As much as I would have liked to have got a full 90 laps in, everything pointed toward shortening the race. I'm happy with the repairs and how the promoters responded, but I wasn't extremely comfortable because I knew the repairs were quick, and I didn't know how well the track would hold up.
I didn't want it to be a case of we had differing strategies and 25 laps later, we had another red flag. In terms of going green, we had to set a clear expectation of how long the rest of this race is going to be, rather than make another guessing game. That was very important.
R: The tire situation appeared to have caught a couple drivers out, so what was the call about what tires could have been run coming out of the red flag? You had said, “blacks stay on blacks, reds on reds.”
BB: That was my gut feel at the time. We were effectively mid-stint, and so to require a change mid-stint just from a logic standpoint, if Firestone wants you to change, you can only change to the current compound you're on. I didn't want that to flip-flop the race and switch the compound from one set to another.
But in retrospect, if I had to do it all over again, I would not have over-managed the situation to that extent. If Firestone wants you to change tires, then you should go ahead and put whatever tires you want on. We're gonna race 15 laps and be done.
That was an overreaction on my part. I had good support from race control and officials on the ground. It made sense. It's easy to look back now, because it was difficult circumstances. It definitely had a negative impact, unfortunately, on (Ryan) Briscoe and (Josef) Newgarden. I feel bad for them.
The timing was unfortunate as well. We didn't get the information from Firestone until almost we had drivers in the cars, and ready to go back green. We'd allowed everyone to change quickly. I was getting information on the fly, quickly, that two cars had changed compounds when I told them not to. But I didn't get the context that they didn't have a new set of their current compound tires. Had I gotten that quickly, I could have said, forget the mandate on same compound. But I couldn't make that decision before we got back going.
Having said that, the plan was in case people needed to make a repair or change tires, or even take fuel, is that the plan all along was to send the cars behind the pace car and not go green until second time by. Repair, tire change or fuel, they had an opportunity to do that before green. It's easy for me to say – based on concerns that Briscoe had afterwards, that was one where they could have taken advantage.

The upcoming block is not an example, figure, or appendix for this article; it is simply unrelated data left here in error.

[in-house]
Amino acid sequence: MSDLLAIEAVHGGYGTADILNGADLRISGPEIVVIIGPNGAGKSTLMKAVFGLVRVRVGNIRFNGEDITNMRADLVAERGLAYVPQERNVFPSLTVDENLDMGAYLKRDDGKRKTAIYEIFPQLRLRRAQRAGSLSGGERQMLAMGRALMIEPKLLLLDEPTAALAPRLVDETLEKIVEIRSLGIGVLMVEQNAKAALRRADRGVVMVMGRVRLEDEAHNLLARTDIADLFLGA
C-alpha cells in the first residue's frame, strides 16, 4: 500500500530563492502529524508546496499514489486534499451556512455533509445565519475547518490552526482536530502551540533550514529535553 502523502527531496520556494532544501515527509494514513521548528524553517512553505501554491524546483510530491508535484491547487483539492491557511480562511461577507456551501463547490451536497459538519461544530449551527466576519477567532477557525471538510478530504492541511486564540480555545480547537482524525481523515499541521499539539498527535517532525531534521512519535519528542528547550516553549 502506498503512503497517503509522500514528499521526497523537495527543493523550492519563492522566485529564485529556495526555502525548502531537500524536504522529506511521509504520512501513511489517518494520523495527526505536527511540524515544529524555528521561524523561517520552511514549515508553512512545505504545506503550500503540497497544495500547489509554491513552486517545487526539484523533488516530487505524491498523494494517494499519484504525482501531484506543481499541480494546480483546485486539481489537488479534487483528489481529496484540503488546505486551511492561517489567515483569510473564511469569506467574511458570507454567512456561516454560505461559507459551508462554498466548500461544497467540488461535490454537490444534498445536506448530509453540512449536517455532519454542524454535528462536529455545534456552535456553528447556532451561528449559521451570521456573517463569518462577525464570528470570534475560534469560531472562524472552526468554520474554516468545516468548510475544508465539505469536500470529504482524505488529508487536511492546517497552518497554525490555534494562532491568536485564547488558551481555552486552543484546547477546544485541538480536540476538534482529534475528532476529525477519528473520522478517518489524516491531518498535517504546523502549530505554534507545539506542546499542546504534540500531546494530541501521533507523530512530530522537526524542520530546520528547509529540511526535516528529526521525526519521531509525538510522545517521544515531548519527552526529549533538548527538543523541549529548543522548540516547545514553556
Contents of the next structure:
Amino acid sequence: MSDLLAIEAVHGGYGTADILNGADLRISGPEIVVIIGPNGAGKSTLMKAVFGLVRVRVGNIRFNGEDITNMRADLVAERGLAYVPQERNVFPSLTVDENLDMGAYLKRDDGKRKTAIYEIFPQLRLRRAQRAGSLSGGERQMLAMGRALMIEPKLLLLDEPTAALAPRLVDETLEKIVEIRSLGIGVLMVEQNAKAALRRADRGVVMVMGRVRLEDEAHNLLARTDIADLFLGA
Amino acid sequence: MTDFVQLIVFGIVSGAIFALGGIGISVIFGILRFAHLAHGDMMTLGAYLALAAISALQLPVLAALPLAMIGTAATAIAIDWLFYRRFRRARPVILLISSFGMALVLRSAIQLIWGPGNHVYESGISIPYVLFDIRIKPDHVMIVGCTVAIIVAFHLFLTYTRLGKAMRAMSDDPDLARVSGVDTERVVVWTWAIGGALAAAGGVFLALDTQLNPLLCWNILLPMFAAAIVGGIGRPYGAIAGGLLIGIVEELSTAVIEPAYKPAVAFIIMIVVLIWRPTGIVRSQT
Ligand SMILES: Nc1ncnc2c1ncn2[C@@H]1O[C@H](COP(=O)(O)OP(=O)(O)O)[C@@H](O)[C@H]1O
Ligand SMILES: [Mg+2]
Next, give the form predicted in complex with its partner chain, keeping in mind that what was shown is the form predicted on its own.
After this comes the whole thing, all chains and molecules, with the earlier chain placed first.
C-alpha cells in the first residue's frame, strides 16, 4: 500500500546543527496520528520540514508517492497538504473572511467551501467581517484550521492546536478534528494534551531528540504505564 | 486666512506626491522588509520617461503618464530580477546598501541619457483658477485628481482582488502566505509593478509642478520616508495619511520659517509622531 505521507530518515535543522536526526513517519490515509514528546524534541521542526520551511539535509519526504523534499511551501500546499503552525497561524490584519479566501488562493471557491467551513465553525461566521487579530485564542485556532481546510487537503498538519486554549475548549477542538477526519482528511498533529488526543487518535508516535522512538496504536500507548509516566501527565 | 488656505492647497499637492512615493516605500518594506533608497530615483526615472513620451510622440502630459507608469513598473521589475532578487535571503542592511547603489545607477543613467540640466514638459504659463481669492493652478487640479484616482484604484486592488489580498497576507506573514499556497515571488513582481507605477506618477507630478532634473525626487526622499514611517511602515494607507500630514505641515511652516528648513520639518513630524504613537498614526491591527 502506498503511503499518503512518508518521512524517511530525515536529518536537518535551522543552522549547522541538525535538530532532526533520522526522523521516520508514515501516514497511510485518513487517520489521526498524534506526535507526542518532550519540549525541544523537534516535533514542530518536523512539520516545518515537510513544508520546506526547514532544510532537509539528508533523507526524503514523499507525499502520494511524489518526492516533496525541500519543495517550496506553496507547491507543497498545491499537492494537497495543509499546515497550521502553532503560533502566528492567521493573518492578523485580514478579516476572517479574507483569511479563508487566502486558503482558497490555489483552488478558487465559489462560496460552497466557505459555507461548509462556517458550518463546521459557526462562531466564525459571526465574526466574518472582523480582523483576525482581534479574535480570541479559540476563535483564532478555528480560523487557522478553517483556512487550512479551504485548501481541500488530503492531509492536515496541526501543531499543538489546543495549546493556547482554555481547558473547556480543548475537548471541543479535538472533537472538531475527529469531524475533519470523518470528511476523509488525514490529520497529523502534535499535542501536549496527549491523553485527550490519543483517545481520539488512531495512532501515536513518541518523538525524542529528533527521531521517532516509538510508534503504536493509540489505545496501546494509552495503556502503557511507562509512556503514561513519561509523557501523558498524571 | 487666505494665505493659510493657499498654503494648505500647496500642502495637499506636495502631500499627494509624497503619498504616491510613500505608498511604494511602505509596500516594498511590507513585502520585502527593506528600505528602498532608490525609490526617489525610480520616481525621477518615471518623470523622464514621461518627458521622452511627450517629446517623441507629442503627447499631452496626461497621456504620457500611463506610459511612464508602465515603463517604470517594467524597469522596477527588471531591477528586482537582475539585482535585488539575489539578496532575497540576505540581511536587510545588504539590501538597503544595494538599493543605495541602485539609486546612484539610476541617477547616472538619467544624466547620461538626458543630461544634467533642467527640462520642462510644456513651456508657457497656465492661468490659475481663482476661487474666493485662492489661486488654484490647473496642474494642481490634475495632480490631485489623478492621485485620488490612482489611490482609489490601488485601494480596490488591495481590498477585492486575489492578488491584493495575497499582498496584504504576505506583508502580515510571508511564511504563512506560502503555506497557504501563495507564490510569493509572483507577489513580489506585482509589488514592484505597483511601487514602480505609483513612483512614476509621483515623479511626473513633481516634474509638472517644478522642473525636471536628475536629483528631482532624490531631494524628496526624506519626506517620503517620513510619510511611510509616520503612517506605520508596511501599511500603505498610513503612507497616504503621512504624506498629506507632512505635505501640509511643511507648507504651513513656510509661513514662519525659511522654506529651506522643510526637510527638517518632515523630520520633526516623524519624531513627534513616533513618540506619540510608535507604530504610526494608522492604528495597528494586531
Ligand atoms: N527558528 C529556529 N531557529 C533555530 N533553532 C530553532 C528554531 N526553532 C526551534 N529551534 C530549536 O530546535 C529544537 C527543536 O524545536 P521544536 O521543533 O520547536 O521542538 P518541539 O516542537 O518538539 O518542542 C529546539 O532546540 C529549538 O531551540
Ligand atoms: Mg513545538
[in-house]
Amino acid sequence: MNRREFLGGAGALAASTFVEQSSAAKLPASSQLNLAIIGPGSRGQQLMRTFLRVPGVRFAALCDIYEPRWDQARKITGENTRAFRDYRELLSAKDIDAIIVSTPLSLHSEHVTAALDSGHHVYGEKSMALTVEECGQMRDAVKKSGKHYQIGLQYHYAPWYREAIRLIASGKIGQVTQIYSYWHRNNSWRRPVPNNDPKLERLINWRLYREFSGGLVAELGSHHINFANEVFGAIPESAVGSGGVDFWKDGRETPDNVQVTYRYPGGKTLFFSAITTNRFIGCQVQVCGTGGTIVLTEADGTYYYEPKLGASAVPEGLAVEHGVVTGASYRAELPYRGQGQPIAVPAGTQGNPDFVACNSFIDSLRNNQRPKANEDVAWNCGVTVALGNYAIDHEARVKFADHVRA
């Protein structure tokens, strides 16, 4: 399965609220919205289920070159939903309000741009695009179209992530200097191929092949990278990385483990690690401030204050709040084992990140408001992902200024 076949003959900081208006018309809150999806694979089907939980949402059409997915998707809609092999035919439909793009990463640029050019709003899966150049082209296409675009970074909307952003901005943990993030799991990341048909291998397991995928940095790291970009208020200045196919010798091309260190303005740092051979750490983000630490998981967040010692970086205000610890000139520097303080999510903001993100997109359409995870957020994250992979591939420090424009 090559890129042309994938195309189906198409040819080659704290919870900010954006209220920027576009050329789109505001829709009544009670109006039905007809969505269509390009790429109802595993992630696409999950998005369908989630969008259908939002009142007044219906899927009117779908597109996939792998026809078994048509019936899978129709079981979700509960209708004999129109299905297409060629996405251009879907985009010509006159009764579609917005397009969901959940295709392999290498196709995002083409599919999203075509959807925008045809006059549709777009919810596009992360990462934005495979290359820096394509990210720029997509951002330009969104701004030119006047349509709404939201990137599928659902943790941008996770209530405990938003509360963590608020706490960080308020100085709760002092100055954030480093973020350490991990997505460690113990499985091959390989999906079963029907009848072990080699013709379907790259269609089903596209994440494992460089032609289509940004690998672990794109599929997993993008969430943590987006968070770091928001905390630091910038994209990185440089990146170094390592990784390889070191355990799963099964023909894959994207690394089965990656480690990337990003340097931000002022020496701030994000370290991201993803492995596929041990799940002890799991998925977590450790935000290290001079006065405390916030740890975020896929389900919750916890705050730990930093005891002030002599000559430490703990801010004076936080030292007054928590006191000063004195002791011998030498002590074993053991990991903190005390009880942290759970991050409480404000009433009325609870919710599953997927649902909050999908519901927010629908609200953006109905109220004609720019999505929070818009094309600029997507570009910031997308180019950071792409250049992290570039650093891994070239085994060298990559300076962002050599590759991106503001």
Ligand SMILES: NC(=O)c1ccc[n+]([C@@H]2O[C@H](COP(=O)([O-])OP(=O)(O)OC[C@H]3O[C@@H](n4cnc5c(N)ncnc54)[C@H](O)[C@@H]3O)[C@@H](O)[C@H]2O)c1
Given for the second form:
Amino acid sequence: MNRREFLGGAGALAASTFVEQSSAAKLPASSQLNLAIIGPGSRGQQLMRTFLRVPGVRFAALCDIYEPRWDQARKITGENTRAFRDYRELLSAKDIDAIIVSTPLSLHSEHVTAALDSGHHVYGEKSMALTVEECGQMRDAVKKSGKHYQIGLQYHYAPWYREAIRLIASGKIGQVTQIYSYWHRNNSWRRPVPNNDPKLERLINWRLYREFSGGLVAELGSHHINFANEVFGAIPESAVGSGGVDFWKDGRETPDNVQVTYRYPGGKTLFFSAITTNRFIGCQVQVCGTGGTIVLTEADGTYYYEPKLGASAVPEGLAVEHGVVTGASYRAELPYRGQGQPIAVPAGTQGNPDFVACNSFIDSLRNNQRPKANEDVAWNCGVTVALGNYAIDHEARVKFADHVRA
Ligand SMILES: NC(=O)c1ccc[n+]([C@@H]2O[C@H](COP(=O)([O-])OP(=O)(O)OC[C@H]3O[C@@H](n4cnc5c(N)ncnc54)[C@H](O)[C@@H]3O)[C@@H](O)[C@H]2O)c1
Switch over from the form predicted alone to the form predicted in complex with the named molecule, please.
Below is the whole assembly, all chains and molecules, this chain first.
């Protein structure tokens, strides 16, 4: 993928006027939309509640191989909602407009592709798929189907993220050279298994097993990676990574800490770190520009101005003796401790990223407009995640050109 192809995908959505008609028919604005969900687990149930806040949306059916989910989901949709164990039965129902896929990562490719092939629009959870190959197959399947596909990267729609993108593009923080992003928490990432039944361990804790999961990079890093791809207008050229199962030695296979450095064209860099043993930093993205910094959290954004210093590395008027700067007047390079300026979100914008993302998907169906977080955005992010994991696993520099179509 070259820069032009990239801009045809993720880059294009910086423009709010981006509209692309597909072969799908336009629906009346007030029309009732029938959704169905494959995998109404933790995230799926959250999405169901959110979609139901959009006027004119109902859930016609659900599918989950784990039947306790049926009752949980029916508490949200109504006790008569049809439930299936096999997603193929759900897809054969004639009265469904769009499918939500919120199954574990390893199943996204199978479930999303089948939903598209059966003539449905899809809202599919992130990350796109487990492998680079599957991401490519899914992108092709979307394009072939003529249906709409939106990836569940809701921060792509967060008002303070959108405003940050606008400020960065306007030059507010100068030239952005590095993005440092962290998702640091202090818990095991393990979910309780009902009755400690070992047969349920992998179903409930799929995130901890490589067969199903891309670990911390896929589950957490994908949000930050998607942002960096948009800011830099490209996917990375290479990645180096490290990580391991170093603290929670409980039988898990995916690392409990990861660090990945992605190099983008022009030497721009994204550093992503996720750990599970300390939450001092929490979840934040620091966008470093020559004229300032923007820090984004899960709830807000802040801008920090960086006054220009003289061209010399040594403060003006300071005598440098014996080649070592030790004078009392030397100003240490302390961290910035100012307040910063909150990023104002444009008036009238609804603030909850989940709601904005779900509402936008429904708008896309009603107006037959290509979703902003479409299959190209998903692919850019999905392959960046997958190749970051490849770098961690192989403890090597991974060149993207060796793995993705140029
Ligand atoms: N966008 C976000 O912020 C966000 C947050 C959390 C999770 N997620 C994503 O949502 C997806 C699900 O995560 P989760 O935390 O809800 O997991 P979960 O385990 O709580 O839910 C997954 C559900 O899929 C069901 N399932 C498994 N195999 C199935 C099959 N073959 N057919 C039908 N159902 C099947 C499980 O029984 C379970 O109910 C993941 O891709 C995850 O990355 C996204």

(Editor's note: Joe Barbieri, manager, Firestone Racing, clarified Firestone's role in what tires could be changed. His clarification, sent via email, is below.)
JOE BARBIERI: The tires on all the cars gathered quite a bit of pickup during the full-course caution period prior to the red flag. The pick-up would have been difficult to clean off the tires in the few laps after the race was to resume, so in the interest of making it a better show for the fans that stayed, we discussed with IndyCar allowing teams to switch sets for those final laps. However, the specific details about how the switch was to take place were handled and regulated by IndyCar.
R: So teams still could, but after refiring from pit lane, and before the restart.
BEAUX BARFIELD: Exactly. That would be more in line with a race-type strategy, gamble, take it upon yourself. To change your compounds on your own time, not on mine, as we're tending to track issues.
R: There hadn't been an in-race restart until after the red flag. What was your assessment of the restarts?
BB: Honestly, for what I saw, for the parameters I laid out in the drivers' meeting, I was happy with them. It's a very difficult place to get the kind of formation we've come to expect this year. Based on the nature of the track, they form up about Turn 12, because Turns 8 through 12 are difficult to go side-by-side. From there, we have three right-hand turns before start/finish.
In terms of the way (Scott) Dixon controlled the field as I asked at the driver's meeting, the way the remainder of the field paired up to that acceleration point, I thought it was fine.
One thing was different – I had to take these starts/restarts under my control, because there was no line of sight for the starter (Paul Blevin) from his vantage point. I was calling those myself on the radio. I saw the form-up, the acceleration, and I have no problem with any of them.